a) Bedwork or finesse work can be completed faster when you can easily distinguish between plants and unwanted weeds. I’ve seen many new landscapers paralyzed in gardens because they weren’t sure what was what. If you’re not sure, don’t pull it. Don’t panic, just get better.

b) Landscape design requires exceptional plant knowledge. One day the new landscape worker might move up and pursue design work.

c) Nurseries only use botanical names so if you know your plants you can easily place orders and check them for accuracy. Always keep plant tags and study them.

d) Gardening, like design, depends on exceptional plant ID skills. I found this out when I apprenticed under my city gardener boss. Her plant ID knowledge was unbelievable. Eventually I found out where city gardeners make their money: in annual bed displays. The kicker is that when they meet they order new plants for next year by grouping their plant orders. You need knowledge and experience for this task. I respect all city gardeners for this.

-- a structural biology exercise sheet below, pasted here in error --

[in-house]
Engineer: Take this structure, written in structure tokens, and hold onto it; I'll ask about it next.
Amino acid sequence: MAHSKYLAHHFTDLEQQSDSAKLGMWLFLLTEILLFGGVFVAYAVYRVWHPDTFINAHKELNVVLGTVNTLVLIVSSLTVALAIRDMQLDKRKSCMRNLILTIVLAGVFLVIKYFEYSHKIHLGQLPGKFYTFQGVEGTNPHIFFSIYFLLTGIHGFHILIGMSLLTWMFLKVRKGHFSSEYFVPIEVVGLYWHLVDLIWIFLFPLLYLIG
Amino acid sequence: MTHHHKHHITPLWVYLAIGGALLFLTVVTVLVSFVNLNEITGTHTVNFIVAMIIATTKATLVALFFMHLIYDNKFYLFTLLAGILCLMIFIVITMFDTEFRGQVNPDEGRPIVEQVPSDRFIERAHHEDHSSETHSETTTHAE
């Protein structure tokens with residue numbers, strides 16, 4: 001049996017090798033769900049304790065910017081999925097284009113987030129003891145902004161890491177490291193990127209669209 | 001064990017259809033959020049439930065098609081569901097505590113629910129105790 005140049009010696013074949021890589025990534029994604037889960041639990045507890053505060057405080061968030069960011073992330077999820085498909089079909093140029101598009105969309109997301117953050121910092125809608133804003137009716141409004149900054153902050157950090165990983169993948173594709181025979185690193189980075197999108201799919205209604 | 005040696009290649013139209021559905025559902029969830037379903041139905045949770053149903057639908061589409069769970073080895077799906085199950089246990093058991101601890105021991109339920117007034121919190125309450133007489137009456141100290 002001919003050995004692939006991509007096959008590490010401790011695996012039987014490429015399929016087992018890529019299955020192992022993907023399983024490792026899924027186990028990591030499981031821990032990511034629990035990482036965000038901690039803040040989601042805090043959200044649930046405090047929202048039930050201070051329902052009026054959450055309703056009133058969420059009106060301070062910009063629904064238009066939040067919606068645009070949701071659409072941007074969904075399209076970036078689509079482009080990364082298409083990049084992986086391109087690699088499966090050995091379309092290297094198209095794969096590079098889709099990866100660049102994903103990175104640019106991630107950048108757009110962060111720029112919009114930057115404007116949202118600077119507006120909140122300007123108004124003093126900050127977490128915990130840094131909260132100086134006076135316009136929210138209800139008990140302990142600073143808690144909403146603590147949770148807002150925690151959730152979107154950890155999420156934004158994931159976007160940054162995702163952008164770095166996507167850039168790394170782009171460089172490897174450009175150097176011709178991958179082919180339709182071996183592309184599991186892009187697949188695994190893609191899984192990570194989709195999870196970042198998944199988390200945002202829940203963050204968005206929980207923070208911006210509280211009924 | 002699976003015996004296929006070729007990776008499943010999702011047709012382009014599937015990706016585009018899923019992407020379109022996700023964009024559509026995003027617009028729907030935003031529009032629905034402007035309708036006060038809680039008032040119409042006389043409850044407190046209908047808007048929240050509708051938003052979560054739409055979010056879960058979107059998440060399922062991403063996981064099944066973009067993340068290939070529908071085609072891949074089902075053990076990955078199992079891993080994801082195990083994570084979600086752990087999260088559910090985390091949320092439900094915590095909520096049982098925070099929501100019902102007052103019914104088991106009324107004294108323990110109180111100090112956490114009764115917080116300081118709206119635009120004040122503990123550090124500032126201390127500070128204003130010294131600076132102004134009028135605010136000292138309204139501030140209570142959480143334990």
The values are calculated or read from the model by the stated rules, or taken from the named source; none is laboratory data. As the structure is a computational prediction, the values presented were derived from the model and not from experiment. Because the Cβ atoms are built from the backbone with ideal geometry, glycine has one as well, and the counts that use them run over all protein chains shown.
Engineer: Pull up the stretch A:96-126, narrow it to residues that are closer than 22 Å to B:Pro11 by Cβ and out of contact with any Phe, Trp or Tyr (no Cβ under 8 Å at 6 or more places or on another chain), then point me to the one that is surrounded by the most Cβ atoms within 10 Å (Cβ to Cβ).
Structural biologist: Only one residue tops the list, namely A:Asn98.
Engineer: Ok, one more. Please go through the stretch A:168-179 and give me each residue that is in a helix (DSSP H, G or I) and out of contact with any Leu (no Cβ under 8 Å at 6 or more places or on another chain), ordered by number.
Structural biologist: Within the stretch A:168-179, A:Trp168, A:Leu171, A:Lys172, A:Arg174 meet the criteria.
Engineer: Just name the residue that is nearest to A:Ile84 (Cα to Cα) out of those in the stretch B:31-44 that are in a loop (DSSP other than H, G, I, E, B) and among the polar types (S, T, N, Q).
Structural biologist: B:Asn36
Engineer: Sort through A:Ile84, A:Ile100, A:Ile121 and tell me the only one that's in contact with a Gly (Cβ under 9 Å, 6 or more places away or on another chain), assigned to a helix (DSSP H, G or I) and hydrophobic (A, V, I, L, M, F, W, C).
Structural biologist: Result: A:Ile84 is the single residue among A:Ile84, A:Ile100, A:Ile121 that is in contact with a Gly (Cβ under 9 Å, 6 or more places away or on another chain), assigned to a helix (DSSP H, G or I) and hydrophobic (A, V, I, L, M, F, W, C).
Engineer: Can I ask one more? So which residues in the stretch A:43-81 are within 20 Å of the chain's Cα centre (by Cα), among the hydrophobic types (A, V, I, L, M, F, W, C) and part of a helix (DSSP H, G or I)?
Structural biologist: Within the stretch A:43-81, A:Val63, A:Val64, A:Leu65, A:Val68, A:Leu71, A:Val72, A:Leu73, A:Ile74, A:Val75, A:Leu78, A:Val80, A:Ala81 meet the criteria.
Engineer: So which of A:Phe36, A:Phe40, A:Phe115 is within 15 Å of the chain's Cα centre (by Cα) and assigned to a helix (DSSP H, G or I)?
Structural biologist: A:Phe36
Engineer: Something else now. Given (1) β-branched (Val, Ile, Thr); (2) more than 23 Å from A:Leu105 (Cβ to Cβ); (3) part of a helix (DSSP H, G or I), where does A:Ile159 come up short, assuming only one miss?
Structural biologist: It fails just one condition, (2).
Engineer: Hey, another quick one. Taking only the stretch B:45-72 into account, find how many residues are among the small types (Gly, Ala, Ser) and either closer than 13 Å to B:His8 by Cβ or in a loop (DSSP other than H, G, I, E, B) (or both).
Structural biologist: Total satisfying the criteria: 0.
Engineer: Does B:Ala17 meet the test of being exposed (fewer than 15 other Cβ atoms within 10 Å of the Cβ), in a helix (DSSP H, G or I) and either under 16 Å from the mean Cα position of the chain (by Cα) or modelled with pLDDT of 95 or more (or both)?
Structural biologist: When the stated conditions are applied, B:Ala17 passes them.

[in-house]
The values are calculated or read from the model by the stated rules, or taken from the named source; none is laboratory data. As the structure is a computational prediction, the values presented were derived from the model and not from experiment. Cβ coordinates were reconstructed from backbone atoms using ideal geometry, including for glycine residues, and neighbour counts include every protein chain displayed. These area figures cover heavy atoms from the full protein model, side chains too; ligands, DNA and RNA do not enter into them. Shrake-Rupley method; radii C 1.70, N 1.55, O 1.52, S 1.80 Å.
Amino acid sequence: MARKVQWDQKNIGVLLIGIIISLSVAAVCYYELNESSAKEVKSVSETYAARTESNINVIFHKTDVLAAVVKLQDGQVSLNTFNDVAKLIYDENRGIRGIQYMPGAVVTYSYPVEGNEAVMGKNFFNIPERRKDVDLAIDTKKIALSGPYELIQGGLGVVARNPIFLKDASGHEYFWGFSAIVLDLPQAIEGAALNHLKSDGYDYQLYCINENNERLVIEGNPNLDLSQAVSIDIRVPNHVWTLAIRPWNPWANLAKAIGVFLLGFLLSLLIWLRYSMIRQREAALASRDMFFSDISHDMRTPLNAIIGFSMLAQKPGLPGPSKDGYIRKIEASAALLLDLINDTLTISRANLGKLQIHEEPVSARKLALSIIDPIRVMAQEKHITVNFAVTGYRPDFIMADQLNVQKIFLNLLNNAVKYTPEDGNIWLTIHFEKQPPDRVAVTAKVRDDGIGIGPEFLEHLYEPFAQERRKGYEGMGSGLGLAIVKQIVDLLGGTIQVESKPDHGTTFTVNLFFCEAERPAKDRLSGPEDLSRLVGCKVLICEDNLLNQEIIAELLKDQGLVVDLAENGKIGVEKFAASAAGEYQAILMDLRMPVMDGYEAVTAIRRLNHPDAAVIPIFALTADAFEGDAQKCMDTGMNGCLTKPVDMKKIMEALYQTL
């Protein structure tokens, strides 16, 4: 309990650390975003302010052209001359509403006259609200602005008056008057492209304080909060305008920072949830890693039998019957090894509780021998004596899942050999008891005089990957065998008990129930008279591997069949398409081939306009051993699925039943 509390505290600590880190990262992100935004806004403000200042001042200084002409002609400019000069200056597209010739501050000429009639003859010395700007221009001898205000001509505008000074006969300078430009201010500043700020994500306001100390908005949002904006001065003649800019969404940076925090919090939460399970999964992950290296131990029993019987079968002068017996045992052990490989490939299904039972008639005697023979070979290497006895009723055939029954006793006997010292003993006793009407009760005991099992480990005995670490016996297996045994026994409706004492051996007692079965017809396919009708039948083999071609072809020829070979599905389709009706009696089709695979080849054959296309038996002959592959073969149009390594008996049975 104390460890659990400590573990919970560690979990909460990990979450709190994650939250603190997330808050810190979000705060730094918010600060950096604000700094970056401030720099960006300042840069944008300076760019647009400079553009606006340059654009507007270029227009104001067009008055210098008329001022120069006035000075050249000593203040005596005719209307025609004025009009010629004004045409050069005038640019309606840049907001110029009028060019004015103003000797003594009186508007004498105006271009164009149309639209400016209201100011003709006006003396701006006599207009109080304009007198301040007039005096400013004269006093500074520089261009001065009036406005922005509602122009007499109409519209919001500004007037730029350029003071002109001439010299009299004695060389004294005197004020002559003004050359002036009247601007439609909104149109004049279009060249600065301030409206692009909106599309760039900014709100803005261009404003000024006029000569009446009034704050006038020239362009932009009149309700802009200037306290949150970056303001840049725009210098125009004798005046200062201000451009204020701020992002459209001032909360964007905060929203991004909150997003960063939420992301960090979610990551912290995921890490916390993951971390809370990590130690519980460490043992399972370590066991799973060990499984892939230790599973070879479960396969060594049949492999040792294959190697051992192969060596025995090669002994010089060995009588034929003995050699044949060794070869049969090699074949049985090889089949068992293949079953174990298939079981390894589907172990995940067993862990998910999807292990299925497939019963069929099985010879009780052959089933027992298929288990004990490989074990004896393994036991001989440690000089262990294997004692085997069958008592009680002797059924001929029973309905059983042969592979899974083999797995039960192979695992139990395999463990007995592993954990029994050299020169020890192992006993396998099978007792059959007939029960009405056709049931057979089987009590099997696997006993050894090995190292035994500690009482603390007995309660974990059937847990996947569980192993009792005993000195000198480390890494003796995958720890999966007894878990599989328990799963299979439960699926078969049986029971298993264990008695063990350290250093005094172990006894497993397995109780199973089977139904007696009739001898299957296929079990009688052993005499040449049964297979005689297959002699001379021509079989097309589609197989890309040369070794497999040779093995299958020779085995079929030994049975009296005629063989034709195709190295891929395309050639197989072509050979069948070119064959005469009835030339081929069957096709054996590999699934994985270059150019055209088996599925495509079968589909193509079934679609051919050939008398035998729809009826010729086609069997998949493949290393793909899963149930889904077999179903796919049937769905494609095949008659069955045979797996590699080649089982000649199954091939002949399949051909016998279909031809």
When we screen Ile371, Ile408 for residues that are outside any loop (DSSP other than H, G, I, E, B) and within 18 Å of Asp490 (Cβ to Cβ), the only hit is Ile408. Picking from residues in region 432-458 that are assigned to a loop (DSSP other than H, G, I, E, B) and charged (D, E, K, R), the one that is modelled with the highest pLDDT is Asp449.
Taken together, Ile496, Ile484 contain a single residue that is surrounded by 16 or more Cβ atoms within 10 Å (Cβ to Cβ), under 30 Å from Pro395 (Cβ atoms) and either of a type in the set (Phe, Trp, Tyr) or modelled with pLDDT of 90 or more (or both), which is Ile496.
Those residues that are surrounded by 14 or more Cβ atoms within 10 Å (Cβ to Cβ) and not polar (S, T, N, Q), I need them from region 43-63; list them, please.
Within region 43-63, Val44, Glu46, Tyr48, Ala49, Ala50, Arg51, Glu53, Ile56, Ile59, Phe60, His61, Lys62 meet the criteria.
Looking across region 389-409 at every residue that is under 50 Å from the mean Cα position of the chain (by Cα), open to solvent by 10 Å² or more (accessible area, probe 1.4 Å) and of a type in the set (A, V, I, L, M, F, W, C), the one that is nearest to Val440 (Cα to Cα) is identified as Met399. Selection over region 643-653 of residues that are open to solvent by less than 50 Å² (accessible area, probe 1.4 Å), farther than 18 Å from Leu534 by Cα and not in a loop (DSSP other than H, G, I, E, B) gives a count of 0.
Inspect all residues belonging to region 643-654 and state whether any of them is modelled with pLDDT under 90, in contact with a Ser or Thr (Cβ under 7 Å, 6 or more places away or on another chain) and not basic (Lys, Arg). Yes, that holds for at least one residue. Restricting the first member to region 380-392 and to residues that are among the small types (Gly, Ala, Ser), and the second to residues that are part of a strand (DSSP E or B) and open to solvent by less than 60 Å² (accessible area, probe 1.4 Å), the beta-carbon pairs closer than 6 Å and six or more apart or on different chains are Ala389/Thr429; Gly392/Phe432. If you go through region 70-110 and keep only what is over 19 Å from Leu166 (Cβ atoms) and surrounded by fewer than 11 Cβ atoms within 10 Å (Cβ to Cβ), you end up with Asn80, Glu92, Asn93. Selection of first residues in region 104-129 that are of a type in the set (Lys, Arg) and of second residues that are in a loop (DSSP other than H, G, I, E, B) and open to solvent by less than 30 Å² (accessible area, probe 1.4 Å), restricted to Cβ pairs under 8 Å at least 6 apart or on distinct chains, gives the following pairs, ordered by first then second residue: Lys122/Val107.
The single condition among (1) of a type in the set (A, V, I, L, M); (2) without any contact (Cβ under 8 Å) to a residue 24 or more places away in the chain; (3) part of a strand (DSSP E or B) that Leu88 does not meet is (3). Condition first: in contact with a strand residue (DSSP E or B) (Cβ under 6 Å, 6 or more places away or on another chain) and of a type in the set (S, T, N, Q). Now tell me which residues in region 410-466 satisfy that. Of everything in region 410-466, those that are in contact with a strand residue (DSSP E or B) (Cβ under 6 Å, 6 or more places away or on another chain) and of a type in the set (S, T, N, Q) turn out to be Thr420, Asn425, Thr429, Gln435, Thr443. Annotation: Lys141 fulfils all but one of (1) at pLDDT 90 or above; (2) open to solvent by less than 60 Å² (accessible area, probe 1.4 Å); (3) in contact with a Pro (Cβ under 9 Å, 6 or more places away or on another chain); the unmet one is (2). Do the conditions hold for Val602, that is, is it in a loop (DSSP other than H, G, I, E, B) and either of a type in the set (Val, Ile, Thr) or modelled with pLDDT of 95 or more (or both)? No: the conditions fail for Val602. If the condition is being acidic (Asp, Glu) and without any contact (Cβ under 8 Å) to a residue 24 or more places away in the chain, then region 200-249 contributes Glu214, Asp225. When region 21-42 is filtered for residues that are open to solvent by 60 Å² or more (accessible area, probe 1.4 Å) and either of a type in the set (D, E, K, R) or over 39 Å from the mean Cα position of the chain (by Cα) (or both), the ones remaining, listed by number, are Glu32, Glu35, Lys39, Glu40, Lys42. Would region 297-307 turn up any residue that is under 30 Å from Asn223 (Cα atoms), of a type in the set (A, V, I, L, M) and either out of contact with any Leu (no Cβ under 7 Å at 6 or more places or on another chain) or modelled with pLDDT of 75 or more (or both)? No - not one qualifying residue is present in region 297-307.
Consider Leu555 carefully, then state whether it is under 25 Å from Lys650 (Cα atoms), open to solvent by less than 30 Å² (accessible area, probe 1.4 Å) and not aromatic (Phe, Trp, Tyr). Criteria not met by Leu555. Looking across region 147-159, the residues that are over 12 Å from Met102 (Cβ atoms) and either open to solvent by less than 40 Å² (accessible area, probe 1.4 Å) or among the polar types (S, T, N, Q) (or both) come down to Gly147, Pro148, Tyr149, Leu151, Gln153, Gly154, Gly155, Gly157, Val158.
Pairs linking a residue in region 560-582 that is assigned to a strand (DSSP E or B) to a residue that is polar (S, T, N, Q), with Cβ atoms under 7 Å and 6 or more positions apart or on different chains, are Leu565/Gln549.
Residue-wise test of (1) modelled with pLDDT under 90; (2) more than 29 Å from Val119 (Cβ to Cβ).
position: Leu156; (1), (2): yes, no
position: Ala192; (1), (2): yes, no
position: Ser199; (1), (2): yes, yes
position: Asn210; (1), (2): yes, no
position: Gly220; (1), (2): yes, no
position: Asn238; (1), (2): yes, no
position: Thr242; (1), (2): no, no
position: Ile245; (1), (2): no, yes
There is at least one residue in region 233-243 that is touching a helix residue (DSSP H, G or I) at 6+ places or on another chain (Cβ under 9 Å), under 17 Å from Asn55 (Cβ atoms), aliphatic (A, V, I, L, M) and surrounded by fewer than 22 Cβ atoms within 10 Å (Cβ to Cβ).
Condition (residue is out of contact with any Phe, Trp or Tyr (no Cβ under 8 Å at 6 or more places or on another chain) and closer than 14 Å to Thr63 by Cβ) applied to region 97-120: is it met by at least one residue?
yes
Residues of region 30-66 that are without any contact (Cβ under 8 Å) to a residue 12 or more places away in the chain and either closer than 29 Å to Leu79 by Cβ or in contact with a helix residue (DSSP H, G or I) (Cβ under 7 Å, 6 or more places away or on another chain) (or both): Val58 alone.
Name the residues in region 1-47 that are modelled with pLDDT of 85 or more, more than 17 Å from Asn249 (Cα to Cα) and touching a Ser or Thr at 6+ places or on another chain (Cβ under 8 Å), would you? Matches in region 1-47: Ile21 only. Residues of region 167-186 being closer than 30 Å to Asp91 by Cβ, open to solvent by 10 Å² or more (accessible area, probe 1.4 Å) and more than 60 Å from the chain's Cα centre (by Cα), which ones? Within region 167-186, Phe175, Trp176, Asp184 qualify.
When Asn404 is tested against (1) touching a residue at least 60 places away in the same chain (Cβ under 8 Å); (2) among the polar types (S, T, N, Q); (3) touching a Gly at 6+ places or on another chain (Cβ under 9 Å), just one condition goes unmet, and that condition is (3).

e) Clients will stop you to ask questions and if you’re ready, you will impress them with your knowledge. As Red Seal journeyman on site I inevitable get called over by workers who are happy to deflect client questions to me. Great! I always take the heat.

f) One day your boss or client will take you for a site walk and ask for ideas. There won’t be time for Google searches. You have to suggest plants right there, on the spot. That can be stressful but not if you know some plants.

Conclusion

The plant picture book can be used by new landscapers as a starting point; and also by strata managers and strata unit owners who may wonder what’s growing on their sites. Knowing plant names makes communication with landscapers easier.